Nine GW2 Follow Up Questions with Eric Flannum
"The possible number of combinations is in the millions"
He's talking about the number of possible skillbars in Guild Wars 2. For comparison, the number of possible skillbars in Guild Wars, with only eight skills on a bar and assuming no PVE-only skills, is in the quadrillions. Quizzical 22:28, May 5, 2010 (UTC)
- Quadrillions? 2 professions with the most skills are N(145)+E(147), for a total of 292 skills, or 222 normal and 70 elites.
- 222! / [(222-8)!8!] = 222*221*220*219*218*217*216*215/40,320 = 128,795,283,347,445 (8 non-elite)
- 222! / [(222-7)!7!] = 222*221*220*219*218*217*216/5,040 = 4,792,382,636,184 (7 non-elite) *70 (+ 1 of the 70 elites)
- 4,792,382,636,184*70 + 128,795,283,347,445 = 464,262,067,880,325
- or about half a quadrillion of mostly worthless builds. Then again, it's 2:20am, and I'm probably doing something wrong.
- So, if "the possible number of combinations is in the millions," then what's the size of the skill pool? Take into account that they suggest a 15-skill bar, because your second weapon switch adds 5 more. I guess it's too early to do the math accurately, without knowing exactly how the weapon-bound skills work, but what about a crude # of just any 15 skill mix? I'm too sleepy for this... <_< RoseOfKali 23:38, May 5, 2010 (UTC)
- There are also 45 ways to pick a combination of professions. Quizzical 00:16, May 6, 2010 (UTC)
- i like to look at it, we have 5 skills slots, 'normal' skill slots if you will, considering over 99% of good builds have an elite (and ppl whine if you don't bring one) it's only only 1 of those 5 being restricted, the healing slot. i've played healer monk for about 7 months before trying anything else, and i assure you these arguments about 'if the monk is doing his job you wont need healing/defense' are annoying and false, trust me, unless your monk is VERY overconfident, he/she will thank you for bringing some way of easing their workload.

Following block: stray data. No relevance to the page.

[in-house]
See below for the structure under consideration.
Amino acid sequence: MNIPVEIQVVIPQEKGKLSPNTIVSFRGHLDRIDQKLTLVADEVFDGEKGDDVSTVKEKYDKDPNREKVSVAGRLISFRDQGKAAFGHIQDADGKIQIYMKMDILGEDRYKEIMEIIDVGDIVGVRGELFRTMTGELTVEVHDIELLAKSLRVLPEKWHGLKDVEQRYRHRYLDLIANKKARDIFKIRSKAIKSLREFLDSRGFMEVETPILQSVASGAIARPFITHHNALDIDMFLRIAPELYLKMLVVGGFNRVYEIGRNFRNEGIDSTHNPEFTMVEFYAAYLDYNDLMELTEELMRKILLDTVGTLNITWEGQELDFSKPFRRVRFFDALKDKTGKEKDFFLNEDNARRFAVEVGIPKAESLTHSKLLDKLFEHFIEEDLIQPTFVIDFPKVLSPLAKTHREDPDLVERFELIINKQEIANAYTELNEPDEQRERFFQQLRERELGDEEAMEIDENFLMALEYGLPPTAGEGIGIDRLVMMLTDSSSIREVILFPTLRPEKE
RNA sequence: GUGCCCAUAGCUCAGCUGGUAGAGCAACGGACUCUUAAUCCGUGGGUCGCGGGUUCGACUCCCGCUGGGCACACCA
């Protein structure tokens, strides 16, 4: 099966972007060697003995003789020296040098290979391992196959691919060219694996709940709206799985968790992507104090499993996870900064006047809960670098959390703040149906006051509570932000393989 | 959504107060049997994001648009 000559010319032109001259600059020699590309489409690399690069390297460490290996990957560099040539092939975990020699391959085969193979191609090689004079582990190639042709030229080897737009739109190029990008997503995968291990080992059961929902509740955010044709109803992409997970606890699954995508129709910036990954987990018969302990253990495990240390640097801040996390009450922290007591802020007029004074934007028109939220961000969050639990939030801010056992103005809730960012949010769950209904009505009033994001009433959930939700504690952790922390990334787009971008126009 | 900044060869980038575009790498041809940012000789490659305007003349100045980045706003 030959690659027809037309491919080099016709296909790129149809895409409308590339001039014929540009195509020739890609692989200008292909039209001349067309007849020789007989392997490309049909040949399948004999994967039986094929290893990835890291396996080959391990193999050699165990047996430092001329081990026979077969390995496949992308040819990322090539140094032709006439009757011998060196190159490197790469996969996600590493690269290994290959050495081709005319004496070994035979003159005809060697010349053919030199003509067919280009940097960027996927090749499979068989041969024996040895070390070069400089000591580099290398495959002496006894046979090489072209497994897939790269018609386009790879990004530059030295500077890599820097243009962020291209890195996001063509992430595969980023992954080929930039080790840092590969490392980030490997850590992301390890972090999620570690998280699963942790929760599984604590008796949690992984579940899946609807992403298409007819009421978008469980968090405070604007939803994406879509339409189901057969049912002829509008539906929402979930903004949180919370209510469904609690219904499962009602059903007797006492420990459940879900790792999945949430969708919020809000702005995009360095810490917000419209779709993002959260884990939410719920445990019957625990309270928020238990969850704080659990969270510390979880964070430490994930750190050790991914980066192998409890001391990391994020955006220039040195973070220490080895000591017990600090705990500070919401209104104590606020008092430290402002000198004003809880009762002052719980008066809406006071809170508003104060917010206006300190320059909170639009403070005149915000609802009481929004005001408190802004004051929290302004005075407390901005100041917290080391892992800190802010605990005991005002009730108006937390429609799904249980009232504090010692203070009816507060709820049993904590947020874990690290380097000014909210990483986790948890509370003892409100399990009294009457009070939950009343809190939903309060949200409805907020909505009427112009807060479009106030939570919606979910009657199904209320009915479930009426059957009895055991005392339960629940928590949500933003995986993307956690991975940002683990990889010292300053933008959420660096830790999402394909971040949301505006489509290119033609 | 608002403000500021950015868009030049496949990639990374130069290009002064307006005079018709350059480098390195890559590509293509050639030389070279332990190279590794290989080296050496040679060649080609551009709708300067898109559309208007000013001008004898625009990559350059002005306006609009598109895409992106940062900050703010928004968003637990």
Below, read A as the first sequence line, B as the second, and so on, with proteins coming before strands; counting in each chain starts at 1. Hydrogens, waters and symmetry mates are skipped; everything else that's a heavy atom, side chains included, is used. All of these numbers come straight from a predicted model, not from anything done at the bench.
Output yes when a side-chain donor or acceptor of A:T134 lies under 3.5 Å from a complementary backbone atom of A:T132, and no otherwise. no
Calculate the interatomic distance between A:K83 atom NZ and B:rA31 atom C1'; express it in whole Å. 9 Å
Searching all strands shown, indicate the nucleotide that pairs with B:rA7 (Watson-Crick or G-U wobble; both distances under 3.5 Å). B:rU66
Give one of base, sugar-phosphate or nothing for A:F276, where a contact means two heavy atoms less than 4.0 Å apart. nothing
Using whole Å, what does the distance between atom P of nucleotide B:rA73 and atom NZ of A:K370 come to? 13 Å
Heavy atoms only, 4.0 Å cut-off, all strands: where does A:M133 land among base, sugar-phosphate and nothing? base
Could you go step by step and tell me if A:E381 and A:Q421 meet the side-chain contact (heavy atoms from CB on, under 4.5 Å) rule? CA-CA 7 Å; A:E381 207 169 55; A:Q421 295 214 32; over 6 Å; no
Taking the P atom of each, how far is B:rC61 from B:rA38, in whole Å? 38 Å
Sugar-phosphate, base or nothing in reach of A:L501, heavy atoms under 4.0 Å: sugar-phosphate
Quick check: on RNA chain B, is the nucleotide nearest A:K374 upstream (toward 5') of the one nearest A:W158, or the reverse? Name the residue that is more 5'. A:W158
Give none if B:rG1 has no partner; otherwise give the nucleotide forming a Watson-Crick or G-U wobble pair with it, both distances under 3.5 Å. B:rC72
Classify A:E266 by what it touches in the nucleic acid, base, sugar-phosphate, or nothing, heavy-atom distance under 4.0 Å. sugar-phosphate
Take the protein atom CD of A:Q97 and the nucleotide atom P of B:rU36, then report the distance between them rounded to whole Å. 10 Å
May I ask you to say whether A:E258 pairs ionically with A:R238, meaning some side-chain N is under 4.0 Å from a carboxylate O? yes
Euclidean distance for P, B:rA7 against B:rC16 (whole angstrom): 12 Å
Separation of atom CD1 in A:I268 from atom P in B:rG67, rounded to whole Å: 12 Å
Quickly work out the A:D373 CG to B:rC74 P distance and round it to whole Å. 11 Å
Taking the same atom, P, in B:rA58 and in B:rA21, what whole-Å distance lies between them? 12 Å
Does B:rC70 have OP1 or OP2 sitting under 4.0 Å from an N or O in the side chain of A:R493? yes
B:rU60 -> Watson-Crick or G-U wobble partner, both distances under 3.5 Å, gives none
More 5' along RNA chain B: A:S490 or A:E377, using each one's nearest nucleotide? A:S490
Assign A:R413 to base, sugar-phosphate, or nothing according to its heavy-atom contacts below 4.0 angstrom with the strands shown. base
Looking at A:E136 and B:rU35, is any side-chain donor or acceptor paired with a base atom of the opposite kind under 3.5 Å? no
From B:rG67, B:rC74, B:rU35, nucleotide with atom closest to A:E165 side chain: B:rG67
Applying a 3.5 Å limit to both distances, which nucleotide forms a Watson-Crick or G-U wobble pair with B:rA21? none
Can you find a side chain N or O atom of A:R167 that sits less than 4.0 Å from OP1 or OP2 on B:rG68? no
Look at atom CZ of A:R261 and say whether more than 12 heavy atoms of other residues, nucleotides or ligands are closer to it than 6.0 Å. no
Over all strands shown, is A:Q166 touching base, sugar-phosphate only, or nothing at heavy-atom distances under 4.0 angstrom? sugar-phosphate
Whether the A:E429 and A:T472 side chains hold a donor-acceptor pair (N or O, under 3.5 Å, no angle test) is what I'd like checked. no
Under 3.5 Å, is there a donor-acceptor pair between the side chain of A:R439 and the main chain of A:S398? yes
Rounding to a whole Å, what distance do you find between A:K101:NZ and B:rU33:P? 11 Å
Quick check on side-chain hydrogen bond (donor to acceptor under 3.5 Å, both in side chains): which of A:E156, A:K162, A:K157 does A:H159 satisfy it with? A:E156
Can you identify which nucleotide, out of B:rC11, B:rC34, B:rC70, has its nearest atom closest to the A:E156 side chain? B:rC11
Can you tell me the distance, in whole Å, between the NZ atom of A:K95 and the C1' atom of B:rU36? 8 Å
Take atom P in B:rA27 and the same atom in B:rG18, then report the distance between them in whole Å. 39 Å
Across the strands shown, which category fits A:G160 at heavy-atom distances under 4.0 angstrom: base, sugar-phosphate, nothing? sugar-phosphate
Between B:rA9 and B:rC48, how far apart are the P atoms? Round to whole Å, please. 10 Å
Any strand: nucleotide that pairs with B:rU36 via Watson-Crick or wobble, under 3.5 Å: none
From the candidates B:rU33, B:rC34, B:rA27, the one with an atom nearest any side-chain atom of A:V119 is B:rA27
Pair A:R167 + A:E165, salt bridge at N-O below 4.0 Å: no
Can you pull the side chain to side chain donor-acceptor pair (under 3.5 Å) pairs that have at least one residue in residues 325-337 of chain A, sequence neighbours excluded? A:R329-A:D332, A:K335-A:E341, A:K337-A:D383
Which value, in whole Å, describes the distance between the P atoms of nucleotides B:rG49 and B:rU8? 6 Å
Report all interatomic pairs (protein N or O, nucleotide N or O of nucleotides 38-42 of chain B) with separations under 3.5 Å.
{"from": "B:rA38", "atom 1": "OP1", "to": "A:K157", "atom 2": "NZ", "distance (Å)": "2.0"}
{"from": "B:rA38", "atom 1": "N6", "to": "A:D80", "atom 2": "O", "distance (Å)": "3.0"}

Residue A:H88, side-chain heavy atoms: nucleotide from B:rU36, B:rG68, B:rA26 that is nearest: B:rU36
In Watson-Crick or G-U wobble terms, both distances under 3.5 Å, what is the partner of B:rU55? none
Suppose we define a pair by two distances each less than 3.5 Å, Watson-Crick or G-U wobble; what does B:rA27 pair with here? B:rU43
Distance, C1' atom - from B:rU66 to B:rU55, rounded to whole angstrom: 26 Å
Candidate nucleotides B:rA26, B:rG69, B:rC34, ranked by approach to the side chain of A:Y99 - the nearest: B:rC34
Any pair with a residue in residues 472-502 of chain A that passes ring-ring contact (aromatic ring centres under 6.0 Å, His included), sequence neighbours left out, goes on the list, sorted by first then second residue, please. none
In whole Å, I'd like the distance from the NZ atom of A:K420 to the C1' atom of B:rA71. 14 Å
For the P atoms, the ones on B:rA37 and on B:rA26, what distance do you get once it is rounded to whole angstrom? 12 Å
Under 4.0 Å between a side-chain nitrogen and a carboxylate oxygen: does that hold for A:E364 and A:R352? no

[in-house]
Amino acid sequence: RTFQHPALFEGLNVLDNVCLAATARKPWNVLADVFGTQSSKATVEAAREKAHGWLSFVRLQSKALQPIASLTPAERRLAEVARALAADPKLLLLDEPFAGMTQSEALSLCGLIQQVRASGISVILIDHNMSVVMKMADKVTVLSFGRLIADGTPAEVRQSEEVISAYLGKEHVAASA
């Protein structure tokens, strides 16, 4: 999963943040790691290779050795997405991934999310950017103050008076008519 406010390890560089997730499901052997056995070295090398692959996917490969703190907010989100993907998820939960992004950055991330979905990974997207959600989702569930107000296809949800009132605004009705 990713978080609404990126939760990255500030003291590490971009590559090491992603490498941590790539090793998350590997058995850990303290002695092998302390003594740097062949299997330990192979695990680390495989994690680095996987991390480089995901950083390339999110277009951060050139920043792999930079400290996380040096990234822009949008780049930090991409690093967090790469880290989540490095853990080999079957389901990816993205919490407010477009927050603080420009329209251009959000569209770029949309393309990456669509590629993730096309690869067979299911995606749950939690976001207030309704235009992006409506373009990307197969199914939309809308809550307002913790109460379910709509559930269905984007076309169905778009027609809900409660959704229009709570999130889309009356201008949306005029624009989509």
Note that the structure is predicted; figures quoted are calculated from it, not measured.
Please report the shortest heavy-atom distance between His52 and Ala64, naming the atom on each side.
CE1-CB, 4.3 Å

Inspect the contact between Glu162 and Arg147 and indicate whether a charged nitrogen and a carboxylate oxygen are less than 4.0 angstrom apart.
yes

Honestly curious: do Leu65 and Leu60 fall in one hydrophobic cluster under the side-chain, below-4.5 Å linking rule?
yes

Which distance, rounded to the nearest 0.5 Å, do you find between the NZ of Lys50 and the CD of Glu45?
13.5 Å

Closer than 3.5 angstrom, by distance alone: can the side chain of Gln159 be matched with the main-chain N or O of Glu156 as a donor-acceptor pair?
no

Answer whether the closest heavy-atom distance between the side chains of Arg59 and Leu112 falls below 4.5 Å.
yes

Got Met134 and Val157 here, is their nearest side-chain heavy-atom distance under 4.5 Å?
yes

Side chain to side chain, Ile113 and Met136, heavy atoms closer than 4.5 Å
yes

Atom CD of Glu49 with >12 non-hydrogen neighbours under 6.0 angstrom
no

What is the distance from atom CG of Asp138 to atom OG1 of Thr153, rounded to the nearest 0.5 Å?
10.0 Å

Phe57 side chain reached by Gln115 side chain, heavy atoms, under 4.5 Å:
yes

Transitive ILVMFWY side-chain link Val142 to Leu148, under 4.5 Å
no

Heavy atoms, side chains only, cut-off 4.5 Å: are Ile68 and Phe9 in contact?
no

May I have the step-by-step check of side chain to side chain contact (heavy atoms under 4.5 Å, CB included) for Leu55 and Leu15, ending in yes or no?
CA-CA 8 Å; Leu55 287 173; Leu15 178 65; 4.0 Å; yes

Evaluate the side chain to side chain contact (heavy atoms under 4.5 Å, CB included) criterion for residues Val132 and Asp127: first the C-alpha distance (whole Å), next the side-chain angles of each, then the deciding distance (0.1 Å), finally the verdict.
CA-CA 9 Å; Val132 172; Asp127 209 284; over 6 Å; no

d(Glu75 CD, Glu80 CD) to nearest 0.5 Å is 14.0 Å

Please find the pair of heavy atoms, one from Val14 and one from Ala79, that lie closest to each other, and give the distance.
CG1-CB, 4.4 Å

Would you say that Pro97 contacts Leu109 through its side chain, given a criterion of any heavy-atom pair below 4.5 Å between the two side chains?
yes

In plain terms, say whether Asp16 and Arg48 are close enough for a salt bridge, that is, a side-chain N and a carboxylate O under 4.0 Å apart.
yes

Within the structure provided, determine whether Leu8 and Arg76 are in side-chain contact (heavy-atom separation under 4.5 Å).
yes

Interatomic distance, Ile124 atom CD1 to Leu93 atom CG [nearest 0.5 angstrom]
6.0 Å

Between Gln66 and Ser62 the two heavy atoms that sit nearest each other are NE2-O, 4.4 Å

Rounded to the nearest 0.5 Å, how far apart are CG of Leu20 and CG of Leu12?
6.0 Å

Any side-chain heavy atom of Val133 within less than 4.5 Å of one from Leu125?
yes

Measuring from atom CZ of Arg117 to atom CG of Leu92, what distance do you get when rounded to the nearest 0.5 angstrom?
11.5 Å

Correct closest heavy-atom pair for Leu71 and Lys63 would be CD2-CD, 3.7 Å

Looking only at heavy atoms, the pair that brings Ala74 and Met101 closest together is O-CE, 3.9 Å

- There are also 45 ways to pick a combination of professions. Quizzical 00:16, May 6, 2010 (UTC)
- so of the 5 normal slots, one of them (the elite slot) is barely being restricted, and the healing slot makes sure you have at least something as back-up. let's face it, shit happens, over-aggro, poor planning, or the obvious, the monks poor at his job. so those 5 are barely restricted, IMO.
- as to the other 5, they change not just upon switching weapons, but also to use the environment better (environmental weapons). so it's not just 15 skills at all times, it's 5 for sure, and another 10 that can change as much or little as you like to work with your surroundings.
- as soon as i read about the new skillbar system i immediately thought, a mix of: that sounds awesome, 5 skills to use with our surroundings!, this ought to help make healers lives easier, and wow... people are going to complain ENDLESSLY about this.Akbaroth 00:32, May 6, 2010 (UTC)
- Oh yeah, that, of course, I knew that! >_< So like over 10 quadrillion (straight *45 gives almost 21 quad, but other professions have fewer skills). And I like the new skill bar so far, I just can't wait to get the rest of the professions, ANet is such a torturing monster when it comes to info. x_x RoseOfKali 00:44, May 6, 2010 (UTC)